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How to Keep Your Cats Off the Kitchen Counter

Cats need vertical spaces for a lot of reasons. Here's how to adjust behavior to the proper areas.

 |  Jun 6th 2013  |   21 Contributions


It seems cat behavior problems come in bundles tied together with a theme. Last week's was counter surfing. Saturday’s consultation was particularly memorable. It focused on Jan, Billie, and their three male Abyssinian cats. The couple was frustrated because their cats liked hanging out on the kitchen counters and using them as highways. They tried squirting the boys with water, laying out mats that shock, motion-sensitive hissing cans and yelling loudly. Despite their efforts, the cats continued to favor the counters.

Jan, Billie, and the cats live in a glass tree house perched on a remote mountaintop. Reaching this hidden treasure means climbing 40 steep steps. I know, because I counted them. This house exists for the sole purpose of gazing on a stunning panoramic view of the redwood forest below and the far-away ocean. Everything is about the view. The tallest pieces of furniture in the home are counters and low tables. Ann and Billie like it that way -- anything taller would obstruct their view. This is a fascinating house for people -- not so great for cats.

Hey! What are you doing up there! The answer? "Being a cat." Photo by quinn.anya

The cats are siblings, litter mates -- adopted together when they were 12 weeks old. The three Abyssinian brothers are now about 18 months old. According to Jan, the cats have always had the tendency to jump on the counters, but lately, they seem to want to be up there all the time. She also observed that the boys are squabbling and fighting a lot, usually on the counters. 

Jan and Billie are frustrated and find it difficult to use their counters. Dishes and knick-knacks invariably end up broken on the floor. Keeping the counters clear of cats, cat fur, and little paw prints is impossible. Lately, the couple is finding it difficult to prepare meals because the cats are very adept at grabbing food and running off with it -- usually with Billie in hot pursuit.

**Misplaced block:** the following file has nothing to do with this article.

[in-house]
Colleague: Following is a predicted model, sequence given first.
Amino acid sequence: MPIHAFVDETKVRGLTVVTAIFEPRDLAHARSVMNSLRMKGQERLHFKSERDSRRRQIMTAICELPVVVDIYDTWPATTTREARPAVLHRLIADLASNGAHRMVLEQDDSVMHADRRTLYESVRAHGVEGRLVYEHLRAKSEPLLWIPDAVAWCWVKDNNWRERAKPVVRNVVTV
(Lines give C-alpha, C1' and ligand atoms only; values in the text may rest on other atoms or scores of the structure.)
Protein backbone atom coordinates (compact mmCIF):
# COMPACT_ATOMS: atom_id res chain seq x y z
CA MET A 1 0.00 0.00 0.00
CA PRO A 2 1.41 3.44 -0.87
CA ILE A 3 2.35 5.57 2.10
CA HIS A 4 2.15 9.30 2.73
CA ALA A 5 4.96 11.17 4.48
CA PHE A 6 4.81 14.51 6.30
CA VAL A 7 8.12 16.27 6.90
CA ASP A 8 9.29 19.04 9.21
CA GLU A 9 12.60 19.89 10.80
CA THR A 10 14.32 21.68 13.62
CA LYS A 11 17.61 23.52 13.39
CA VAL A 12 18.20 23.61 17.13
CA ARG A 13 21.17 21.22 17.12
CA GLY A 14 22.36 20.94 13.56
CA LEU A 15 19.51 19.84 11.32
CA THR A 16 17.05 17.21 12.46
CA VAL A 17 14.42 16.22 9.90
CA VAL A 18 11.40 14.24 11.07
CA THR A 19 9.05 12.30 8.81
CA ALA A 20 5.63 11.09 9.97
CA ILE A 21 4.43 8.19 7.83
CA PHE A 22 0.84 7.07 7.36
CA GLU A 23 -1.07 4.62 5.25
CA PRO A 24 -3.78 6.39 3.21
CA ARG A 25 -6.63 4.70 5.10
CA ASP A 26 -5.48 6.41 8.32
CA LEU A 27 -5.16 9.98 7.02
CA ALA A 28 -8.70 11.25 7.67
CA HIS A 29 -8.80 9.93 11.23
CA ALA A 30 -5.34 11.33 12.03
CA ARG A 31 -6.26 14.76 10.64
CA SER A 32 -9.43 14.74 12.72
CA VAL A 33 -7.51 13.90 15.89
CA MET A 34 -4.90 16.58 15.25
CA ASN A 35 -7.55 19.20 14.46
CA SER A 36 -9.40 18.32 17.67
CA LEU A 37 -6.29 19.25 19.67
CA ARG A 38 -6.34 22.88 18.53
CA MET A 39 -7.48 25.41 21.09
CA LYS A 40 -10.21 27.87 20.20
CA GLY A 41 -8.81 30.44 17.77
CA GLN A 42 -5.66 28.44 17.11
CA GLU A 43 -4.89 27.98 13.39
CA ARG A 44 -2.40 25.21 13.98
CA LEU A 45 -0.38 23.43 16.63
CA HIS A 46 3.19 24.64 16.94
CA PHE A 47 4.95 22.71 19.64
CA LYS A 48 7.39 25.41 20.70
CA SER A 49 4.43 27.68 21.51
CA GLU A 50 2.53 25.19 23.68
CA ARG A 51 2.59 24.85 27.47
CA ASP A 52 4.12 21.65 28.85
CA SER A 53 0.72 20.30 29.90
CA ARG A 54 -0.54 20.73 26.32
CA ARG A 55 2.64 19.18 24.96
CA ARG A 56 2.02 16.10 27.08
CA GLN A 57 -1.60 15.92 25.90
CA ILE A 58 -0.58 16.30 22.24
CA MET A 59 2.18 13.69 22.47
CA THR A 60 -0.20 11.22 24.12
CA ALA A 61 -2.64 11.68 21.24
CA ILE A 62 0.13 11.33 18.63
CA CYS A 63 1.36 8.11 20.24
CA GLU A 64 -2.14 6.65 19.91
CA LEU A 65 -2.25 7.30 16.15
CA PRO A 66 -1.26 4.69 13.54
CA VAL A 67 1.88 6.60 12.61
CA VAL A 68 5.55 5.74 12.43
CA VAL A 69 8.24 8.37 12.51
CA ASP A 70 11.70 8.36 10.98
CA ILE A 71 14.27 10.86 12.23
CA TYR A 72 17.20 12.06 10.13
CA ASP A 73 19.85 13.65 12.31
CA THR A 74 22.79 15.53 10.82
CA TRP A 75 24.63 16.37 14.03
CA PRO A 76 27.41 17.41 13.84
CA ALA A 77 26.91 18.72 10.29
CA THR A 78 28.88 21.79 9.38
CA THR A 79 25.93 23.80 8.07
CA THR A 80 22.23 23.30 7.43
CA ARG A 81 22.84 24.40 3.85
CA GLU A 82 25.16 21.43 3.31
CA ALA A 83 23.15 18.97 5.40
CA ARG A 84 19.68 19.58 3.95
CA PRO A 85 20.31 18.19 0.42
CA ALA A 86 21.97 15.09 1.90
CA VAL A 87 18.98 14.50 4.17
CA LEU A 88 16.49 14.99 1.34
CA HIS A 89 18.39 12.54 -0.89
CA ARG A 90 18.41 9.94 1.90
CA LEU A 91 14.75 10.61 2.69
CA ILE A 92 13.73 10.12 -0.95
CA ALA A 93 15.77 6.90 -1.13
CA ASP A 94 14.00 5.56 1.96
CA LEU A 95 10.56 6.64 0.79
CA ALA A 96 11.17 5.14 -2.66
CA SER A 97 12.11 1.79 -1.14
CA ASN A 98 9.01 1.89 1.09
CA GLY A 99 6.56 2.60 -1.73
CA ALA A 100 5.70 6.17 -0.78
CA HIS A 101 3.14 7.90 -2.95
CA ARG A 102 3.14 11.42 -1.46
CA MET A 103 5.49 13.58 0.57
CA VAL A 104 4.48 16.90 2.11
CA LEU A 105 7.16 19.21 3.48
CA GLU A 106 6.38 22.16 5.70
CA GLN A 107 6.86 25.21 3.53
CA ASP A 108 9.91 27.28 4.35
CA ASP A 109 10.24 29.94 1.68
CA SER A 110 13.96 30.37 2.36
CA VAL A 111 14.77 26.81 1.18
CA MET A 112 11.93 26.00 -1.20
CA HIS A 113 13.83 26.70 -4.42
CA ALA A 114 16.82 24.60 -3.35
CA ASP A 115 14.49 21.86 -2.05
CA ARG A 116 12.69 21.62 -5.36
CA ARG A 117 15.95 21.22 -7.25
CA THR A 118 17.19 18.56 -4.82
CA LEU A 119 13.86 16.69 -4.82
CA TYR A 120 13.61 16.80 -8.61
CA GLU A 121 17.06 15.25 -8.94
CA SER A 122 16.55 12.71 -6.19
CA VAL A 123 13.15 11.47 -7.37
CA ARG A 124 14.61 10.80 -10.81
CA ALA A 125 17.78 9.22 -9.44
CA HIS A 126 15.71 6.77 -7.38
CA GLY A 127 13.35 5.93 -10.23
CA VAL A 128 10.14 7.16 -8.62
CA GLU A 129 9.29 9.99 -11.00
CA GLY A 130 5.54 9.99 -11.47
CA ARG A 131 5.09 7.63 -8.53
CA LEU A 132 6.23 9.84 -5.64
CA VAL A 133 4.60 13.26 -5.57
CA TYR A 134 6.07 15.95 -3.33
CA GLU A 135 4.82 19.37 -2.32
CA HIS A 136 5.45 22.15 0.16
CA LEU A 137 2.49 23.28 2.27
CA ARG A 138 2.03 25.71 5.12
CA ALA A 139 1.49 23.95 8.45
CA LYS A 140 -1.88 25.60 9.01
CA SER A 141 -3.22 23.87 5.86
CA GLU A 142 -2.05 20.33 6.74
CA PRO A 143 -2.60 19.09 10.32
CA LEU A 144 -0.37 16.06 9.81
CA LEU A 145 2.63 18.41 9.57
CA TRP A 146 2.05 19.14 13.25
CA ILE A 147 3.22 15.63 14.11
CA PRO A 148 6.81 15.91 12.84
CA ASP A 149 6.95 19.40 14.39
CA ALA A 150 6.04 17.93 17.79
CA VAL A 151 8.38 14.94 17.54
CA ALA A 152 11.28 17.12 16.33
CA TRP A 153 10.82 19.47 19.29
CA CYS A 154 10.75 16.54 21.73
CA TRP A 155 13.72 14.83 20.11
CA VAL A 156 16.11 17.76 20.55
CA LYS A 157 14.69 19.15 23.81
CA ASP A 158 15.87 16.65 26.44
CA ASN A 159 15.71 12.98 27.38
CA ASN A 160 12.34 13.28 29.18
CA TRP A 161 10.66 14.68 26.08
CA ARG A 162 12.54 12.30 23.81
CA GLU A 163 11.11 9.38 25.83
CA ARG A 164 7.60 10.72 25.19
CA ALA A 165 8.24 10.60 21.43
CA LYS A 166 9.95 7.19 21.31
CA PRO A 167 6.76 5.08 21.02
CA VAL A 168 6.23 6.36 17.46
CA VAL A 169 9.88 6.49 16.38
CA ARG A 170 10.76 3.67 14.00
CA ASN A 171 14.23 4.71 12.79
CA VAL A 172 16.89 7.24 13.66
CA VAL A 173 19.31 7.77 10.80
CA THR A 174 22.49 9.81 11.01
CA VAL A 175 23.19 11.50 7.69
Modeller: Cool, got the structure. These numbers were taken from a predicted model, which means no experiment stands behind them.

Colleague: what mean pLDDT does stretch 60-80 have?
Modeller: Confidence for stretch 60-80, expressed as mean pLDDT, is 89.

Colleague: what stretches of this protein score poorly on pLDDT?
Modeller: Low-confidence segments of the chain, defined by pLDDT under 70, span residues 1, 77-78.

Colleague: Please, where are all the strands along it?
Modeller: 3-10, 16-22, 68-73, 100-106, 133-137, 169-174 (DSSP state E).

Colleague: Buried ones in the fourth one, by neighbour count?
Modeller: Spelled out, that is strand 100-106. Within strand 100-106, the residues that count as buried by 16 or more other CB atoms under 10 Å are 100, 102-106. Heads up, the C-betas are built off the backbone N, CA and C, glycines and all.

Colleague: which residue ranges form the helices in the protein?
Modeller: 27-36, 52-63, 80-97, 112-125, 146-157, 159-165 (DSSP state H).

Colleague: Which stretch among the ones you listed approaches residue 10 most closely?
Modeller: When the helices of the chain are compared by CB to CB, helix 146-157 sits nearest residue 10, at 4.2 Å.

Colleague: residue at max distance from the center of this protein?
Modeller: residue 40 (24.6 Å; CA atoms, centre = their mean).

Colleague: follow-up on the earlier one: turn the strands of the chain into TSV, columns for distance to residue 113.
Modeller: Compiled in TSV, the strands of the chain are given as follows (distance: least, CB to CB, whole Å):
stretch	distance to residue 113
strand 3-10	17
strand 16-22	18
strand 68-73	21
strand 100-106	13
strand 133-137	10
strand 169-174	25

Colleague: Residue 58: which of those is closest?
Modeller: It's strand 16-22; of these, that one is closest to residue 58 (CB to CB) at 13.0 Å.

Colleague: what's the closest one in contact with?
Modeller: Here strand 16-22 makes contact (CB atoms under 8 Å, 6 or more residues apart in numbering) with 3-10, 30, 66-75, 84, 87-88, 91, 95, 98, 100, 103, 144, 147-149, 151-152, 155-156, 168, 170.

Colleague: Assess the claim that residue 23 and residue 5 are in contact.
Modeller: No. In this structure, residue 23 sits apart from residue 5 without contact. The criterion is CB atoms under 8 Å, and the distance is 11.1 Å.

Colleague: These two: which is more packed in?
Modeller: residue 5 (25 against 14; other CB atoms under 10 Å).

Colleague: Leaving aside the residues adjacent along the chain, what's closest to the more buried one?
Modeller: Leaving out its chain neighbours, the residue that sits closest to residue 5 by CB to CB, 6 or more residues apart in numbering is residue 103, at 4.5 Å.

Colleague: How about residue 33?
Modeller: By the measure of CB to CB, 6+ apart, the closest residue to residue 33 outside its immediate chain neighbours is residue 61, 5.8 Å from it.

Cats need a nice view, too -- for their own reasons. Photo by helenadagmar

Vertical territory is mandatory

The counter-surfing behaviors are understandable. Cats need high places (vertical territory) for a number of reasons. Vertical territory helps keep peace in the household and it provides a secure place to watch the world. Climbing helps keep cats fit, and high places are perfect for hobnobbing with favorite people. The only high places available in Jan and Billie’s home are the counters. And, the brothers are discouraged from hanging out on them. 

Cats have a social system that includes a flexible and dynamic hierarchy. One way cats show their status is through positioning. Cats who hang out on the highest spots are typically top-cat at that moment. Cat hierarchies are not fixed in stone. They change for a variety of reasons including changes in the weather, health, food, time of day, and some reasons we are not privy too. Cats also time- and room-share. One cat can be top-cat in one room at a specific time, while another shares the same privilege simultaneously in another area.

Feline verticality. Photo by gsloan

Demonstrating status starts to become crucial when cats are about the age of these brothers. The three boys, now adolescents, are becoming socially mature. They are at that age when they are establishing their positions in their flexible, social hierarchy. In human terms, they are rambunctious teenagers. Because there is no vertical territory in the house to help the boys establish their positions on the social ladder, they are fighting and jumping on the counters because those are the highest areas in the home.